An inline duct fan can be helpful in various situations, including ventilation of damp areas or places that just need better airflow. Fitting inside the ducting, they are invisible and can be installed in a variety of setups.
Whether you want to set up an inline duct fan for your grow room to cycle the damp air, or you want to boost the exhaust hood over your kitchen range, getting the quietest inline fans you can find is key. No one likes a noisy fan, no matter where you put it!
Here’s a look at some of the quietest inline duct fan options available, as well as a few things to keep an eye out for.
Table of Contents
- The Quietest Inline Duct Fan Options
- Buying Guide
- FAQs (Frequently Asked Questions)
The Quietest Inline Duct Fan Options
Which inline duct fan you pick is usually based on a few considerations. You’ll need to calculate how many cubic feet of air per minute (CFM) you need to move to ventilate the space. From that, you can get an idea of how big the duct needs to be and which size fan to purchase.
Your choice is a little easier if the ductwork is already in place and you just need to put in a new fan.
Best Quiet Inline Fan — AC Infinity Cloudline T6 Six-Inch Inline
AC Infinity is known for making premium ventilation systems, and their Cloudline T6 six-inch inline duct fan is no exception. It’s made to handle any use, from use as an exhaust in a grow room to being a booster fan in HVAC systems and air circulation. For this reason, we’ve given it the best inline award.
The kit includes an intelligent controller, a corded sensor probe, and complete mounting hardware, including two duct clamps.
Like most AC Infinities products they offer a 2-year warranty, this is down to their high-quality products which have low energy demands.
Maybe the neatest thing about the Cloudline T6 is the intelligent control that includes both temperature and humidity readings. There is fan speed control, use it with a countdown timer, or put it in eco-mode.
The controller also features a timer and alarm system should anything not be working quite right. The control has inputs for two fans to create a customized system with two any-sized Cloudline fans and use a single controller.
If you like the Cloudline but don’t need such an advanced control system, AC Infinity sells the same product as the S6 with simple speed control.
AC Infinity uses a mixed-flow design and dual ball bearings and a high-tech PWM (pulse width modulation) motor to achieve super-quiet operation. It’s rated at a whisper-quiet 32 decibels, making it one of the quietest inline fans on the market.
The electronically commutated “EC” motor is also very energy efficient, saving 40 percent or more of other fans’ power consumption. The technology also reduced heat build-up in the motor, allowing for a super long service life of 67,000 hours.
With an IP44 rating, the T6 is designed for harsh environments, perfect for greenhouse or hydroponic grow tents with high humidity levels.
The six-inch T6 model has a CFM rating of 402. AC Infinity also sells a complete line of ducting and inline filters to complete your system.
Best Inline Fan 10-Inch — TerraBloom ECMR-250 10 Inch Inline Variable Speed Fan
If you need more power, the ten-inch TerraBloom inline variable speed control is a perfect choice. It comes with simple speed control that allows for continuous and customizable power settings. It can move 946 CFM while using only 126 watts of power!
Like the AC Cloudline, the TerraBloom features a modern EC motor that is quiet and doesn’t build up heat when using the lower power settings. It’s Energy Star Certified by the Most Efficient 2021 criteria. If you use the fan 24/7, the estimated cost is only $380 per year.
The Terrabloom is a high-quality product and as a result, the manufacturer offers a 2-year warranty, showing how much they back their product.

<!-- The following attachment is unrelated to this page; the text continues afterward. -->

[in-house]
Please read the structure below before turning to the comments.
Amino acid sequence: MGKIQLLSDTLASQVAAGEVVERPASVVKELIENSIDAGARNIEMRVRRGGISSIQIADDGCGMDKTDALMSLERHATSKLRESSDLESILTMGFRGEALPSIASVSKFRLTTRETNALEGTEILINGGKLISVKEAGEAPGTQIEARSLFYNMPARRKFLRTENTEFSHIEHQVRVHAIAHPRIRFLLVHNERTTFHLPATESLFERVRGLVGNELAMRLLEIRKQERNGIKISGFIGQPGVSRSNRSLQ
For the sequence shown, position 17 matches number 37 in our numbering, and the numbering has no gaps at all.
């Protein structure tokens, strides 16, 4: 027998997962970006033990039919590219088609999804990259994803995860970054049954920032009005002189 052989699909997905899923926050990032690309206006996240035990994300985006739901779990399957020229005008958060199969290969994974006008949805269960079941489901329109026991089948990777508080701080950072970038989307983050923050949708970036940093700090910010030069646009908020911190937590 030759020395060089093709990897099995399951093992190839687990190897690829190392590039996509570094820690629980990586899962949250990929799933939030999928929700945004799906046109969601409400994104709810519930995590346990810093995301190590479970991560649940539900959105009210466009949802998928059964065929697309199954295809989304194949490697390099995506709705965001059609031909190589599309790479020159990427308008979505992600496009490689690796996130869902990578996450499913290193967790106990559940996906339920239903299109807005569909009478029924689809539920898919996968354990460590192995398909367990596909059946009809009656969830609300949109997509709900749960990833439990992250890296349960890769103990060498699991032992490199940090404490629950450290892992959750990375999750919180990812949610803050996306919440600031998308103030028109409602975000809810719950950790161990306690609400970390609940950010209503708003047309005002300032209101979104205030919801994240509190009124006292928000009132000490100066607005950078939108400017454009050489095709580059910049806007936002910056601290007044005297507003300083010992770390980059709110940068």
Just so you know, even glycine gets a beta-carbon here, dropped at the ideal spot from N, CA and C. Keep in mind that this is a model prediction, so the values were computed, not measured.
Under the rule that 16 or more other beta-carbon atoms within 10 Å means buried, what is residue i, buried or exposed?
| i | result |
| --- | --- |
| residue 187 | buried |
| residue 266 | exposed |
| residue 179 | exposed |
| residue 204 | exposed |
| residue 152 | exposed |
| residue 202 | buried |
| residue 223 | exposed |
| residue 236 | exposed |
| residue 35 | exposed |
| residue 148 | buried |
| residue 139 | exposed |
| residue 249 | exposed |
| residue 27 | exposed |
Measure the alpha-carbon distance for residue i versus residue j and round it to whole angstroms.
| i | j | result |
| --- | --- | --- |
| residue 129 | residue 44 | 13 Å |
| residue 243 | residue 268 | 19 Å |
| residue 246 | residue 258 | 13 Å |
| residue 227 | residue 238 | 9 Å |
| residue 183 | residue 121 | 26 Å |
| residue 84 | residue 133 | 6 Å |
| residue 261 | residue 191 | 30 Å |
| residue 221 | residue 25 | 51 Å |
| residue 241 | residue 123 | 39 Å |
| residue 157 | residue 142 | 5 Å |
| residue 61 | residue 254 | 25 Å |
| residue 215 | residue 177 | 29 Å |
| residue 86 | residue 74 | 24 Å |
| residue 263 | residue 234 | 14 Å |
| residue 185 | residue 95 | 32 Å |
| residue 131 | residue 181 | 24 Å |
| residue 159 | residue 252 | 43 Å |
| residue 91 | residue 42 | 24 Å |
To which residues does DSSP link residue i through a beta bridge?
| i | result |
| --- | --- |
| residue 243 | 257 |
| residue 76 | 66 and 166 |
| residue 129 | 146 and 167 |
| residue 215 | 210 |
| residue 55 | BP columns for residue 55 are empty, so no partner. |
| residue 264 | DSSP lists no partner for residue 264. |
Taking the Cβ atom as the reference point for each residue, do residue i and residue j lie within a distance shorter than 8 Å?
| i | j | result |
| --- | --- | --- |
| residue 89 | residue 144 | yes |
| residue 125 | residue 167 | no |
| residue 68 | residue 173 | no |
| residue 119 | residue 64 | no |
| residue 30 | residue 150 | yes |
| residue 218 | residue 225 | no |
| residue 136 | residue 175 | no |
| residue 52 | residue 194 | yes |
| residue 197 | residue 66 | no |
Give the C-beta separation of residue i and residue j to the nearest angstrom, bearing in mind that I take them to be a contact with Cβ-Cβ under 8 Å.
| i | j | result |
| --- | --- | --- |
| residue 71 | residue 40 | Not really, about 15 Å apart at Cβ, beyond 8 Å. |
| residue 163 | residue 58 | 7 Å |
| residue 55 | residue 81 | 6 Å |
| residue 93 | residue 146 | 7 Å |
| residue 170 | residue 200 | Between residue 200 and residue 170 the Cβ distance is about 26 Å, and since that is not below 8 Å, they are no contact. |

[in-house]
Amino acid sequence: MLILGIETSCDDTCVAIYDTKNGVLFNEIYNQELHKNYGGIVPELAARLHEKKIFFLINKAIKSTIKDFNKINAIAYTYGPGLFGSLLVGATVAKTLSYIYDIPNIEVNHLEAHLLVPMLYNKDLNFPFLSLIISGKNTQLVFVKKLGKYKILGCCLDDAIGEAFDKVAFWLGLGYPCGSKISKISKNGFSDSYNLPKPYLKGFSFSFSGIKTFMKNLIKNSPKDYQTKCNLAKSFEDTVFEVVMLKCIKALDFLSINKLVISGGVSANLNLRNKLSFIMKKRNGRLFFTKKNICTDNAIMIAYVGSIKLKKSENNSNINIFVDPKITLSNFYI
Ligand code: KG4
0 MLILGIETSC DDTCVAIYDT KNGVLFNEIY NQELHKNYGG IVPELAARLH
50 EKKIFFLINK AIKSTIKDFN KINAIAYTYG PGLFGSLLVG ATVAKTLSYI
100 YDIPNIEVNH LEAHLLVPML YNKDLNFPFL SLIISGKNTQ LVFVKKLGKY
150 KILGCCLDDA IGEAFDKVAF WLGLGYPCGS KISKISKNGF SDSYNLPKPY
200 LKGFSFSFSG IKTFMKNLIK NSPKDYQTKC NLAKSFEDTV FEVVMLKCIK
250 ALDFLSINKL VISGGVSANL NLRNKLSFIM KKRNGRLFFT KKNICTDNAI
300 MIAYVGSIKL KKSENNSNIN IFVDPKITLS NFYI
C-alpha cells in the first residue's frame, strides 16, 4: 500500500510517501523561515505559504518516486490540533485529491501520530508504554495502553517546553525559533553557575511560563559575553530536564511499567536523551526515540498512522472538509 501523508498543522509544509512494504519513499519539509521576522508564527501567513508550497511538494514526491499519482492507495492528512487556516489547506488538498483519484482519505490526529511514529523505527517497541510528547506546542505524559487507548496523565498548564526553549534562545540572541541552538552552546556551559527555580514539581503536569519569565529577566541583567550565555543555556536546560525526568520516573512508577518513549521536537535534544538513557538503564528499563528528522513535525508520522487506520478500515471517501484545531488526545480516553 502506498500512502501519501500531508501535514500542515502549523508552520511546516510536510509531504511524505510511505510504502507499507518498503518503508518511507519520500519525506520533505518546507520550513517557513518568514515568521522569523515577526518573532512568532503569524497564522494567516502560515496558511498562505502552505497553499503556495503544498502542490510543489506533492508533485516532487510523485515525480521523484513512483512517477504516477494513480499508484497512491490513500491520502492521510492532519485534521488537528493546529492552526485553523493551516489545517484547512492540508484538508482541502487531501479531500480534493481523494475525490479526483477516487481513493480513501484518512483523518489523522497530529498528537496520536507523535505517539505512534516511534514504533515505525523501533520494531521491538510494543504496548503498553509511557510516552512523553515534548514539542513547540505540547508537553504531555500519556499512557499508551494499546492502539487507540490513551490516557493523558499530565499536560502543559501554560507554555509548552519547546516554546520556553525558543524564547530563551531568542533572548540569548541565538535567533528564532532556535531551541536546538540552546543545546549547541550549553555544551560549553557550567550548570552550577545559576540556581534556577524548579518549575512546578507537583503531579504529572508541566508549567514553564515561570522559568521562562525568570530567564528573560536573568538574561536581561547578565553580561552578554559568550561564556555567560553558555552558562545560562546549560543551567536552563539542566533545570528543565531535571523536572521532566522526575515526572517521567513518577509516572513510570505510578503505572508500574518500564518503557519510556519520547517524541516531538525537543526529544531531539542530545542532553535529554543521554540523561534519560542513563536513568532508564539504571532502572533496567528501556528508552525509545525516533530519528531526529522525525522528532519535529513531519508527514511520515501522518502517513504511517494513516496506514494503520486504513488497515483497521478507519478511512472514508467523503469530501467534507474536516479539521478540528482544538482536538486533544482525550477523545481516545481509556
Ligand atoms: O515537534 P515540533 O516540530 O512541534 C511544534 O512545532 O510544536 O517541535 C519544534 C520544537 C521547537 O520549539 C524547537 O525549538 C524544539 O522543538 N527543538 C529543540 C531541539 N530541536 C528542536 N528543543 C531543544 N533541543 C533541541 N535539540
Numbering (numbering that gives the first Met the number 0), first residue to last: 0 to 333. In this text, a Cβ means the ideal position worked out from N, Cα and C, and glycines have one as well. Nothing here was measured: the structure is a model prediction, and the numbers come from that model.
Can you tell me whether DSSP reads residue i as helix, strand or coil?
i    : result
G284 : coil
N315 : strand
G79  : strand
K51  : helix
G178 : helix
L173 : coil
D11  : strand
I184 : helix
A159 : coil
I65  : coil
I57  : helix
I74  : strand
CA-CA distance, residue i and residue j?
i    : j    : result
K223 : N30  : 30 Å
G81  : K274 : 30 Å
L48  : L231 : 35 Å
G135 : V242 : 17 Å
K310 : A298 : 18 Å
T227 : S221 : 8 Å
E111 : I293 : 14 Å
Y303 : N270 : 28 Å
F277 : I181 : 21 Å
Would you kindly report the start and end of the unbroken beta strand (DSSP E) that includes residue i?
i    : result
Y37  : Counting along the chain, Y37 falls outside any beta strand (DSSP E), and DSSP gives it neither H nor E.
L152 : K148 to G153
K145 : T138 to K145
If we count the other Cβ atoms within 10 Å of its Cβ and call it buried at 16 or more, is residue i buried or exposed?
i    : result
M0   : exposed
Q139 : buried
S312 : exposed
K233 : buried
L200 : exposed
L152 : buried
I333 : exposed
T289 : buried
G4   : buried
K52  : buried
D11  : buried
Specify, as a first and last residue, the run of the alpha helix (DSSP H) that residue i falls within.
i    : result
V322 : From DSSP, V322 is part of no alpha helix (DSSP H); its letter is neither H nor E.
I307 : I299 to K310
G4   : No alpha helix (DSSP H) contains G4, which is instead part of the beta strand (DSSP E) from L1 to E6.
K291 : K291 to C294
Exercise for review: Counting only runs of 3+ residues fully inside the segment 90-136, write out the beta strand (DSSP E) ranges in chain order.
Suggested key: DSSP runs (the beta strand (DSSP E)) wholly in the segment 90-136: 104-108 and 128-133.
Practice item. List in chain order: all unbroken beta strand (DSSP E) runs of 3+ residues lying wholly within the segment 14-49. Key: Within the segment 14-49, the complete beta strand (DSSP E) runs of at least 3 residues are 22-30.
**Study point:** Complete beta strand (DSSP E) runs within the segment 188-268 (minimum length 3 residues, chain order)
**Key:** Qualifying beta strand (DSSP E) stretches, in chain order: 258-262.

If you’d like to add a better controller, TerraBloom sells the wireless remote control, model ECMF-WR, or the intelligent thermostat with temperature programming, model SC-ECMF.
Noise from the fan varies from 45 decibels on the low end to 65 at the highest settings.
If you need even more air moved, check out TerraBloom’s 12-inch model, which can move 1,662 CFM.
Best 8-Inch Inline Fan — AC Infinity Cloudline T8
Rated for 807 CFM, the eight-inch inline version of the AC Infinity Cloudline is a winner too. It’s the perfect size for most home HVAC systems, and it’s well suited for AV closets or indoor gardening requirements. It also comes with a two-year warranty ensuring it’s free from defects in manufacturing.
Also, like its smaller sibling, this Cloudline fan is available with two controller options—either the simple S8 controller that dials in one of the eight-speed settings or the more advanced intelligent controller. That thermostat can control temperature or humidity and has alarms, timers, and adjustable fan settings.
The T8 produces 39 decibels during operation and features the same reliable dual ball bearing and EC motor system that the T6 does.
All of the AC Infinity Cloudline inline duct fan options are premium units, built for years of service and low noise levels. They’re a bit more expensive than other options, but they’re also well designed and implemented.
The snazzy intelligent controller isn’t for everyone, however, so take a look and decide if the basic speed controller makes more sense for your uses.
Best Budget Inline Duct Fan – iPower 4 Inch Inline & 6 Inch Inline Fan
iPower fans offer a cheap solution for quiet fans to save you a significant cost. They don’t have the bells and whistles that AC Infinity and other premium brands offer, but they are solid, reliable, and cheap blower fans that you can install in a variety of ways.
The six-inch model moves 442 CFM while the four-inch model is rated for 190 CFM. The smaller fan is the quieter of the two. It’s rated at less than 48 decibels, with the six-inch model produces less than 50 decibels. One reason for being so silent in operation is the composite fan blades, saving energy in the process.
The iPower fans are simple single-speed fans that just plug into a wall outlet. If you want to add a thermostat, you can add a simple speed controller or timer to allow you a little more control. Or, if it’s easier for your installations, some users like to have them attached to a wall switch.
One great feature of the iPower is that it comes with a year warranty, which could help you save money if anything goes wrong.
Controllers and Speed Adjusters
Inline fans come with three basic options.
Some are sold barebones, with no controls at all. These just plug into the wall and have one single-speed.
Since it’s a simple AC motorized fan, you can buy an inexpensive speed controller to add more functionality. But this is a slightly inefficient way of doing things because the excess power is burned off in other ways (usually be creating heat).